Endeavour 3D Sketches
mattm's picture
Posted on:
Monday, January 28, 2019 - 12:50

   The first 3D models of Endeavour have been released, providing a new perspective on the proposed design. While these are only basic 3D ‘sketches’ they provide a good perspective on the proportions and fundamental layout of the hull and superstructure.

To provide a sense of scale, Endeavour will have overall length of just under 300 metres and a mast-to-mast height of 150 metres. Only the core hull will be habitable (the dark areas on the model excluding the drive cowling), providing room for 8-10 decks. The superstructure is largely uninhabitable, providing space for sensor/electronic warfare equipment, sensor drones and probe support, and other ancillaries.

As with earlier design iterations, the design has been optimised to reduce its active sensor profile and target cross section forward and aft as well as from above and below. As such only lateral profiles (port and starboard) present significant targets to potential threats. This configuration is optimised for long range combat where the crew will have much greater control over the orientation of the vessel relative to other combatants. In light of this and so the hull's armouring scheme has been optimised to provide maximum protection across the vessel's frontal arc.

A heavily-armoured ‘citadel’ in the centre of the vessel will contain those systems critical to survivability and the ability to fight the ship. Less critical areas including labs, crew habitation, and storage will be located forward with minimal armour. Fuel bunkerage and drives are located aft and outside the vessel's main hull, minimising damage to the ship as a whole in the event of a direct hit and detonation. These components are protected by armour flares and plating above.

This approach significantly reduces the mass of the vessel, improving speed and maneuverability. Under alert conditions most crew will be located in the citadel and will be expected to drill to reach their stations quickly in the event of an attack. Heavy compartmentalisation is expected to limit the effect of damage in less critical areas.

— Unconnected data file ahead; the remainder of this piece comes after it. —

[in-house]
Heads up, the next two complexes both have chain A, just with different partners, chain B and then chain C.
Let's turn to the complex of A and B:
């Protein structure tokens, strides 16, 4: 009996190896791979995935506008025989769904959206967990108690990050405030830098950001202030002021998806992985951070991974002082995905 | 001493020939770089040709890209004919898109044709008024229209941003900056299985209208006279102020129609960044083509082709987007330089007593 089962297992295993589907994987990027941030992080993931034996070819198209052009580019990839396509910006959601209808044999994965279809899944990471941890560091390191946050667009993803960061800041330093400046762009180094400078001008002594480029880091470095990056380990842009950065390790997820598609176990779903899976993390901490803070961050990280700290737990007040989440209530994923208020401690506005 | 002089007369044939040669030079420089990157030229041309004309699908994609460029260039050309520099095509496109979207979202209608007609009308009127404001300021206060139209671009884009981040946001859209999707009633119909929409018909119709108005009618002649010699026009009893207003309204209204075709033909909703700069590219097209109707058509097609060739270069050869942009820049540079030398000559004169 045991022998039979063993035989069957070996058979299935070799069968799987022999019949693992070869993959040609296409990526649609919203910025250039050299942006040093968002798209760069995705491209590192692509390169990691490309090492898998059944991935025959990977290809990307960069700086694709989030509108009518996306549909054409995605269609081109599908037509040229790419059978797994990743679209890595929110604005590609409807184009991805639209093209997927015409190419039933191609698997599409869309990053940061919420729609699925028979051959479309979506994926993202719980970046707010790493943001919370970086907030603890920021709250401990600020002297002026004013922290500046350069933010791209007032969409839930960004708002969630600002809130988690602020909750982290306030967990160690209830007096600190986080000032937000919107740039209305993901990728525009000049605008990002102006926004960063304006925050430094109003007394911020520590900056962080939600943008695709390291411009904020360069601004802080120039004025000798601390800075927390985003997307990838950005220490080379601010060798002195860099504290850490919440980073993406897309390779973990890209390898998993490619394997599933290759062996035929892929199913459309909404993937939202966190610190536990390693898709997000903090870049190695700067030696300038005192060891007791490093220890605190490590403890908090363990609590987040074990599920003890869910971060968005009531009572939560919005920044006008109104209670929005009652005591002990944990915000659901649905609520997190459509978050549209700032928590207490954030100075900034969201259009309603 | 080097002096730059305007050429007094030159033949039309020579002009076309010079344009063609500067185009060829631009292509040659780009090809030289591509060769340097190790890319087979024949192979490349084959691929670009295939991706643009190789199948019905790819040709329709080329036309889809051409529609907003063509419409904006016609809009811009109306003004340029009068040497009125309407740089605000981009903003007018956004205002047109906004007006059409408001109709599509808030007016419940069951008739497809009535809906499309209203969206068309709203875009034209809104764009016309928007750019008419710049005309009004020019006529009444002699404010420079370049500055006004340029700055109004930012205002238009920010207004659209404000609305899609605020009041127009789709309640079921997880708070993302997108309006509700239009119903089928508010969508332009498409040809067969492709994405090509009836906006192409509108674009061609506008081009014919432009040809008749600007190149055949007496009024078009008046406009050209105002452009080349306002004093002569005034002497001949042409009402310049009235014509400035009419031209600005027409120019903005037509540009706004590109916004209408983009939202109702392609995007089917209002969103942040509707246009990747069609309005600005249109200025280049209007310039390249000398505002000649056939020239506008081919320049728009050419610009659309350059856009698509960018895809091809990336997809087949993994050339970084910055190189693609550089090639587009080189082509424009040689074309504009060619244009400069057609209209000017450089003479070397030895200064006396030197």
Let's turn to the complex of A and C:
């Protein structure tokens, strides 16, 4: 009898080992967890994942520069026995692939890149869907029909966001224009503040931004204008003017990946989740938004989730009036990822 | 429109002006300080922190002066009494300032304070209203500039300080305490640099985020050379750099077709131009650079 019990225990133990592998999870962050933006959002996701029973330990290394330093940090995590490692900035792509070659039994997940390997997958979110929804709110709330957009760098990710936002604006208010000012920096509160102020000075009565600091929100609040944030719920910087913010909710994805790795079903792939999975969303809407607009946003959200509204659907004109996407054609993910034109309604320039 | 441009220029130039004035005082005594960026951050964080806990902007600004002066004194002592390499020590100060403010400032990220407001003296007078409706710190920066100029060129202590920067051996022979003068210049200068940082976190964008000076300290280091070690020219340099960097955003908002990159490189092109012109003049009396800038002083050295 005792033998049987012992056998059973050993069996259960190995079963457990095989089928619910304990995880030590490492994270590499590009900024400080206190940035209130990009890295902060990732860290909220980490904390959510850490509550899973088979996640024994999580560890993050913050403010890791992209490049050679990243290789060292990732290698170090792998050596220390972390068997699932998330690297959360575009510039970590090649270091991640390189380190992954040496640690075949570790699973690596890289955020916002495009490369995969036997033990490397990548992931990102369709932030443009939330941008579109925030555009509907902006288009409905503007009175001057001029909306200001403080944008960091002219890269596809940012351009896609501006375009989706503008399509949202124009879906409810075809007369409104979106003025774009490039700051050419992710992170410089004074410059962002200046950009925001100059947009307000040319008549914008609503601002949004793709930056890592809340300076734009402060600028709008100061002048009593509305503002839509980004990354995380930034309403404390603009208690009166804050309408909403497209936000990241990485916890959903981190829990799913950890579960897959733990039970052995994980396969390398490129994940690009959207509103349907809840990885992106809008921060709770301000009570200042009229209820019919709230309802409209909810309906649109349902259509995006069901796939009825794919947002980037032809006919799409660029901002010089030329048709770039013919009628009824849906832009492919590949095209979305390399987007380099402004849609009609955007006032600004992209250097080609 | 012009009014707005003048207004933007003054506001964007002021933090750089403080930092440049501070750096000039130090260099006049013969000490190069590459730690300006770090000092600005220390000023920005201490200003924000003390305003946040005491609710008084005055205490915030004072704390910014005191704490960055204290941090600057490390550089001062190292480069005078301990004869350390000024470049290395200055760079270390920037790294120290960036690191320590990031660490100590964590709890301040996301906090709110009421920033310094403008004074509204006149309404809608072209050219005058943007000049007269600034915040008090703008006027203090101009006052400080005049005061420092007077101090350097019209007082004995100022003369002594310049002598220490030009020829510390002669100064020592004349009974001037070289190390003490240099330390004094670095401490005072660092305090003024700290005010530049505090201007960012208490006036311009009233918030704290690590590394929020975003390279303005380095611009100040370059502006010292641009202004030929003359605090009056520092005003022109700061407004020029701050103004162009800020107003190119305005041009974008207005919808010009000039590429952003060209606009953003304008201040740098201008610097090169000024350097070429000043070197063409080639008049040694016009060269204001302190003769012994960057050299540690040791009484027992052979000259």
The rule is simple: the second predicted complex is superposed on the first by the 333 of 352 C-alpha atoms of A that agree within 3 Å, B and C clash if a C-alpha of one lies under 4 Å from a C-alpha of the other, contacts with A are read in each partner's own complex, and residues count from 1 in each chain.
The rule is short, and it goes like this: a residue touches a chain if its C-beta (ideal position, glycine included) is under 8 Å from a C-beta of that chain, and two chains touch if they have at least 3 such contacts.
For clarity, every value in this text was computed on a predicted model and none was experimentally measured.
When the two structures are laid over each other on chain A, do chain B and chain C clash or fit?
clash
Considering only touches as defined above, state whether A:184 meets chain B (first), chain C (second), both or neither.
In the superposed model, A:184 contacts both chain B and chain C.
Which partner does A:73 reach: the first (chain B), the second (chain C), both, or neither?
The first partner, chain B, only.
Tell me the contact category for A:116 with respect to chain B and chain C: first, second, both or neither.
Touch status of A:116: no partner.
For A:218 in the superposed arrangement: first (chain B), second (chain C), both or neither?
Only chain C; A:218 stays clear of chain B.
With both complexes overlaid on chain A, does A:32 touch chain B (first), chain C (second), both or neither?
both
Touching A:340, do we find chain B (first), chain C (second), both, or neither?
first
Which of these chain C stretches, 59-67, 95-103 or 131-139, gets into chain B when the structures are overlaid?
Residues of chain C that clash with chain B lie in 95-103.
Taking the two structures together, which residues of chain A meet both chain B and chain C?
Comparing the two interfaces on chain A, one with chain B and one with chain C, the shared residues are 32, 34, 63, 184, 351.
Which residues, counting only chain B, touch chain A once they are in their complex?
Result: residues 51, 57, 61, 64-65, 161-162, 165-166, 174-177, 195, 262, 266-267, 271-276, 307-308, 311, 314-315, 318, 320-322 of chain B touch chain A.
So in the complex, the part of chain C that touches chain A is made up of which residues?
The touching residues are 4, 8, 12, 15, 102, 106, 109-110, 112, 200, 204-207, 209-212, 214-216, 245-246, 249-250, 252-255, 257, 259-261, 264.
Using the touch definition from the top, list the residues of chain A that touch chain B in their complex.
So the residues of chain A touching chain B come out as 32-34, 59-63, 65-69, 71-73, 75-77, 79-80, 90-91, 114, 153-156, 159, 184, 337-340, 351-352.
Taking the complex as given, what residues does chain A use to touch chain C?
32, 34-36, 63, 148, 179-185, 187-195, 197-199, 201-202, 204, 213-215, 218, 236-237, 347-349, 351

These 3D sketches will be used by designers to refine superstructure and equipment placement as well as provide guidance for deck layouts. As these designs are finalised, more detailed models will be released.



NeerajA's picture

I know some helm sims have been going on recently (and I'm looking forward to doing a few myself). Have these given any indication of how difficult it might be to keep a threat contact bearing ahead, as the vessel design seems to assume?

Current EMDAR sims have us starting to track contacts at about 2-3000 GUs (6-9 million KMs) which seems to give good maneuvering room but we still don't have a good idea of optimal torp range (which could be smaller).

Chief_Sonya's picture

It'll probably take a few more sims to tell! It's fairly easy to maneuver so as to keep a contact ahead, so long as you're not trying to do anything else (like reach a particular destination).

Against guided weapons like torpedoes it may not be all that important until the final stage of a torp's run, when you'd want to turn stern away from the incoming torp so that there's some armour between it and you. I assume by the time a torp has an active lock on you, minimising your sensor profile no longer matters?

Against beam weapons which probably use some kind of active targeting tech it would be more critical - less target to lock onto and hit?